Shock CDC Study: Flu Vaccine Ineffective in 91% of Seniors
A study released today by the Center for Disease Control and Prevention (CDC) shows shockingly low rates of effectiveness for this year’s flu vaccine.
According to the report, the flu vaccine was effective for only 9% of seniors over 65 years old. In other words, 91% of seniors in the study who were vaccinated were still susceptible to getting the flu.
The CDC showed somewhat better results for younger persons. They claimed that the flu vaccine was effective for 58% of those aged 6 months-17 years, 46% for persons aged 18–49 years, and 50% for persons aged 50–64 years.
Overall, the CDC claimed this year’s flu vaccine was “moderately effective” and made the unprovable claim that “influenza vaccination reduced the risk for medical visits resulting from influenza A and B by 56%.”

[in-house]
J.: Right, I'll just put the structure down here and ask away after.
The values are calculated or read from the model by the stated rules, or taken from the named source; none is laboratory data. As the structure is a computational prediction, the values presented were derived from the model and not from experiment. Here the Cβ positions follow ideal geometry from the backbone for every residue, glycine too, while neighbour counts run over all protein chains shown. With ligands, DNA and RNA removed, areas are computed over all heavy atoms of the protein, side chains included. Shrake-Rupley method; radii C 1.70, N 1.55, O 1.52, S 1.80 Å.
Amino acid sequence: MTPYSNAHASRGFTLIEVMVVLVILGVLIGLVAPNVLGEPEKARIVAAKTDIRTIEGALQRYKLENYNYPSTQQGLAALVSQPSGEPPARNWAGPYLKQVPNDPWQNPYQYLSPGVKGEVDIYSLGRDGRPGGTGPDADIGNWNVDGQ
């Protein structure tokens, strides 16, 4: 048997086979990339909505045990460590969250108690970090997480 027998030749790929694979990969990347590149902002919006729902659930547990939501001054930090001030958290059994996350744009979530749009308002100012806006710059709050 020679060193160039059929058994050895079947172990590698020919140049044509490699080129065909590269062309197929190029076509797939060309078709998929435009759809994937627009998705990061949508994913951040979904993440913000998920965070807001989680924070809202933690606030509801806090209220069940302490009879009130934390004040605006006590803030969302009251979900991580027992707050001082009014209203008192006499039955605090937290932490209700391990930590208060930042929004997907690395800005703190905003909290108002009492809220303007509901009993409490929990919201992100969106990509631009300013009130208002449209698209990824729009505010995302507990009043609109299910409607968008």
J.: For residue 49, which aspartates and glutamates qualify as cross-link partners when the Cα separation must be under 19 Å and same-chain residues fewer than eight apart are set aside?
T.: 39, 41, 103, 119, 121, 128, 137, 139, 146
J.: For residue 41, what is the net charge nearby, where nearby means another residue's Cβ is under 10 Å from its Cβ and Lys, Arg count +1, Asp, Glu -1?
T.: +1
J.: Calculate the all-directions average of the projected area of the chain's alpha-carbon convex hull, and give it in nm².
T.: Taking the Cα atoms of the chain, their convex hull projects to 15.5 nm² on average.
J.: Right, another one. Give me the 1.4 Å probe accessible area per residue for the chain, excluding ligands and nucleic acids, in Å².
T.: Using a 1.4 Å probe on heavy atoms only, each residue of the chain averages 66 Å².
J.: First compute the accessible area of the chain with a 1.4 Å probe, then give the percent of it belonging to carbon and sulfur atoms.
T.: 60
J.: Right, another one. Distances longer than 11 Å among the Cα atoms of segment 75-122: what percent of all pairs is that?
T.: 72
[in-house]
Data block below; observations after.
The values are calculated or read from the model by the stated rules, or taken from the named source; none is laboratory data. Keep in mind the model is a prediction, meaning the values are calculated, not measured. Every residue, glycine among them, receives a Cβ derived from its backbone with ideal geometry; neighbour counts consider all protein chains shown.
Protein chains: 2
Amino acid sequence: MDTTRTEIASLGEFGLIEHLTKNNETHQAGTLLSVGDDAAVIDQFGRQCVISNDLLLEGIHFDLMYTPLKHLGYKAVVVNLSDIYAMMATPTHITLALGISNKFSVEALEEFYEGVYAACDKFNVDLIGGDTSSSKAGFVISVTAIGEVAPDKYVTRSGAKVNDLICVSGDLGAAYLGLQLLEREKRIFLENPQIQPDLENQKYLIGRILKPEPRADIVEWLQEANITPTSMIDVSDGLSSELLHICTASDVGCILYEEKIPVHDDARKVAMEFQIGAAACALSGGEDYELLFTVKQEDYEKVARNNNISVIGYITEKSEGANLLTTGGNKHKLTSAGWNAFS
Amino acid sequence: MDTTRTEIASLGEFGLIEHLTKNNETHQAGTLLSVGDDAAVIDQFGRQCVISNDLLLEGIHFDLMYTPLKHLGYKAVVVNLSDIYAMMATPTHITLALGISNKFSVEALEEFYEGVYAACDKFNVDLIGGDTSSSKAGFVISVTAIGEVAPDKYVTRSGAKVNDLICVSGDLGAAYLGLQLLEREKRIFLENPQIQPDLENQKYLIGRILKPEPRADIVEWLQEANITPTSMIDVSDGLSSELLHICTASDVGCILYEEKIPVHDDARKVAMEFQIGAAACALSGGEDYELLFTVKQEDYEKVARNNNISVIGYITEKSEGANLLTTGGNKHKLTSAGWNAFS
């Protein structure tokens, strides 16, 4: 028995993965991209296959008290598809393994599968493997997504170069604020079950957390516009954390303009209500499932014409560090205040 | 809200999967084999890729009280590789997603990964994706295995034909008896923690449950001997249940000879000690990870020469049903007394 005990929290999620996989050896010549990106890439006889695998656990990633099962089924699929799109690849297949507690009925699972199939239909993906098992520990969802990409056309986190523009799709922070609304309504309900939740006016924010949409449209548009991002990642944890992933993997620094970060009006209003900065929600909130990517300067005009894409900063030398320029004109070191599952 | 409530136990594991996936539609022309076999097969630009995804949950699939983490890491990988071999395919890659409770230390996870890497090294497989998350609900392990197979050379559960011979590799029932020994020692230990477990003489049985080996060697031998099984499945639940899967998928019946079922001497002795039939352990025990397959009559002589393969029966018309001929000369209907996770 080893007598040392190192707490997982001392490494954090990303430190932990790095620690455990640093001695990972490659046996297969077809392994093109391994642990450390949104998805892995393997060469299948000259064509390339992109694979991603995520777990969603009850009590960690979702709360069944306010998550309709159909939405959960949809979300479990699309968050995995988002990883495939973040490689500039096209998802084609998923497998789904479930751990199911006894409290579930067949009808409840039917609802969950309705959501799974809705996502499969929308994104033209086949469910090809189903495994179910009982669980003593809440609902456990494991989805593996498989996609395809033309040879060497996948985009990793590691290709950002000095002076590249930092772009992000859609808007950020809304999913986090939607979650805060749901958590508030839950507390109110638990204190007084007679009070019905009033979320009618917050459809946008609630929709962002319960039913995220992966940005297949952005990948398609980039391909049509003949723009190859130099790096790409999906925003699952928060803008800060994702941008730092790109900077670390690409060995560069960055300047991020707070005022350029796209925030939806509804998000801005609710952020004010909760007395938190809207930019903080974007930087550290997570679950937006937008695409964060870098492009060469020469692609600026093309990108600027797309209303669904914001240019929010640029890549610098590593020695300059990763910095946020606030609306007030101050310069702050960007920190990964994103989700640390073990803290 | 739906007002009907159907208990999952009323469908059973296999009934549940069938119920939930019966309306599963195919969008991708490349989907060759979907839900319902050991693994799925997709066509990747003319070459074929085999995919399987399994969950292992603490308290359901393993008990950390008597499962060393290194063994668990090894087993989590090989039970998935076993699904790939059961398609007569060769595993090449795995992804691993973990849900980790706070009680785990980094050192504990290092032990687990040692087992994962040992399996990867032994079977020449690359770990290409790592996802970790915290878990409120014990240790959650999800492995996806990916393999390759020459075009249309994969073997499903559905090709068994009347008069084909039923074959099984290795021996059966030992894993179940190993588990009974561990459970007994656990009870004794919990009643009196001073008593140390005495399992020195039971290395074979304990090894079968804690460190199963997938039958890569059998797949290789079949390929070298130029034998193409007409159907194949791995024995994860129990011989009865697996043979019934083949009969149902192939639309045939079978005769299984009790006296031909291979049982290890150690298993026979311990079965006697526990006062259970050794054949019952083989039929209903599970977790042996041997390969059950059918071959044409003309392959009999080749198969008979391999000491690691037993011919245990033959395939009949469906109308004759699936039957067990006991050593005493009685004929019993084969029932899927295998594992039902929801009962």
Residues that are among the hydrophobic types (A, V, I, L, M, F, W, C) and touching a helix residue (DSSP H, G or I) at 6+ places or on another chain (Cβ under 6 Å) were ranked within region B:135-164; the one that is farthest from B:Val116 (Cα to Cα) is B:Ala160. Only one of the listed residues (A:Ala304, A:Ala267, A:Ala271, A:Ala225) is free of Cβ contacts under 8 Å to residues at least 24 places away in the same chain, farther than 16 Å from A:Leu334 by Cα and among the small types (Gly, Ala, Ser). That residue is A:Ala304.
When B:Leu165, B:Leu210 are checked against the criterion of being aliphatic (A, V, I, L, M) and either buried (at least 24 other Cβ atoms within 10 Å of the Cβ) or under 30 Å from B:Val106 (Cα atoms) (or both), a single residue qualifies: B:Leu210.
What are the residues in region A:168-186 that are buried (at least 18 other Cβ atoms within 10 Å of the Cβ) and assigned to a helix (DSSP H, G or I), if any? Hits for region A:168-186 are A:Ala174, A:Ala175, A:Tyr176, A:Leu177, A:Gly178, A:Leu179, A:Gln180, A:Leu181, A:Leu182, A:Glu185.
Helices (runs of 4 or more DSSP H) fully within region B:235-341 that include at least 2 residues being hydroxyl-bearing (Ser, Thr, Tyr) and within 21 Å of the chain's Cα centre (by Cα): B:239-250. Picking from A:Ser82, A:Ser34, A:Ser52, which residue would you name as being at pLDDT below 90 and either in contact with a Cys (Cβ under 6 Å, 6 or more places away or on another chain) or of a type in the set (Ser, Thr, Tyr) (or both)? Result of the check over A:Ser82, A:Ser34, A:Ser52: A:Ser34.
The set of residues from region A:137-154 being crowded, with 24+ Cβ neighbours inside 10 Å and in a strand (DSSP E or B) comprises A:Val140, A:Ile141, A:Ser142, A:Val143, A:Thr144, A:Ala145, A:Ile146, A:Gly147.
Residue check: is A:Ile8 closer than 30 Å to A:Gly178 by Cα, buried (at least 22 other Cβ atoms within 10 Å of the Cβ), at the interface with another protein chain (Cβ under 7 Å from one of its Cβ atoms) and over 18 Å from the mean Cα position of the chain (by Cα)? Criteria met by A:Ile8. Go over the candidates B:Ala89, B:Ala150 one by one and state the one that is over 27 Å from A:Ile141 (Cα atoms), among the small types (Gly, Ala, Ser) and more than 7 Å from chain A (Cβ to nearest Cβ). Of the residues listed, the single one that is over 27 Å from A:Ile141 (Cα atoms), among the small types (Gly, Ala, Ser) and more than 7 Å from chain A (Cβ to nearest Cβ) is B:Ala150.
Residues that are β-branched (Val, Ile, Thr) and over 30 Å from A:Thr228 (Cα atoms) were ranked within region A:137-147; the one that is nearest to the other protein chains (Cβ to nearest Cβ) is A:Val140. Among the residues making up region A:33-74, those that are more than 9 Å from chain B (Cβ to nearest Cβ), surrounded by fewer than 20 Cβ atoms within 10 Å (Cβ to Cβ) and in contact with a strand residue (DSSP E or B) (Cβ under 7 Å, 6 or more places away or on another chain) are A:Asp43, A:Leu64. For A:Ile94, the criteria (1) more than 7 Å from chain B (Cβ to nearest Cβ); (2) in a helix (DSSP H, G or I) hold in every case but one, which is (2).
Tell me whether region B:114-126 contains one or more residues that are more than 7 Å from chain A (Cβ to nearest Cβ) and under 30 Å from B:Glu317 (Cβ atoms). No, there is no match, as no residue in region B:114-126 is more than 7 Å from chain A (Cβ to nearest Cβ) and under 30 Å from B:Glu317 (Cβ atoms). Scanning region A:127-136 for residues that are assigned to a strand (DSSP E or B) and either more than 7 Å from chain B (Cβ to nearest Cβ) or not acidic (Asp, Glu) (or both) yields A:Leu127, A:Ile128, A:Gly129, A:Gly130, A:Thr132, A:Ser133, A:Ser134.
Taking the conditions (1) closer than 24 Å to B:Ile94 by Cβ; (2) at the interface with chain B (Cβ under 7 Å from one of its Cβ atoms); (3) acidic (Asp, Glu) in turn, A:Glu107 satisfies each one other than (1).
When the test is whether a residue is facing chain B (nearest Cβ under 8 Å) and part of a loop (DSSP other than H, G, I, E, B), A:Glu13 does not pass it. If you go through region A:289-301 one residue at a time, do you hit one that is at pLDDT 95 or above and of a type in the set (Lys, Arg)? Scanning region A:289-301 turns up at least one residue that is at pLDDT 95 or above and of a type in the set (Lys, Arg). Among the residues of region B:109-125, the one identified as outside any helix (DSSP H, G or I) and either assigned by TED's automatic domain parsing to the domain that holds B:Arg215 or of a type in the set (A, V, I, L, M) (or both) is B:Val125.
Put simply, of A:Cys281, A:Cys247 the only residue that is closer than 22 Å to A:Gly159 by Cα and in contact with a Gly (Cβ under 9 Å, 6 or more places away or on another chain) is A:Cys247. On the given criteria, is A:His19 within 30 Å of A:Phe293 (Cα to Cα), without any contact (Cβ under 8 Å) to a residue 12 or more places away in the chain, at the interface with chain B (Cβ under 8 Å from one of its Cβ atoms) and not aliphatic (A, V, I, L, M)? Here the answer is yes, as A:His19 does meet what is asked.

It seems that the figure for seniors is far more accurate as to the actual effectiveness of the vaccine precisely because they have weaker immune systems.
One would think these dismal numbers should dampen the CDC’s enthusiasm for flu vaccines, but it seems to have done just the opposite. The CDC claims that the figures for younger adults “confirm the benefits” and “offers further support” for annual flu vaccines.
The editors of the report state:
Confirmation of the protective benefits of the 2012–13 influenza vaccine among persons aged 6 months–64 years offers further support for the public health benefit of annual seasonal influenza vaccination and supports the expansion of vaccination, particularly among younger age groups.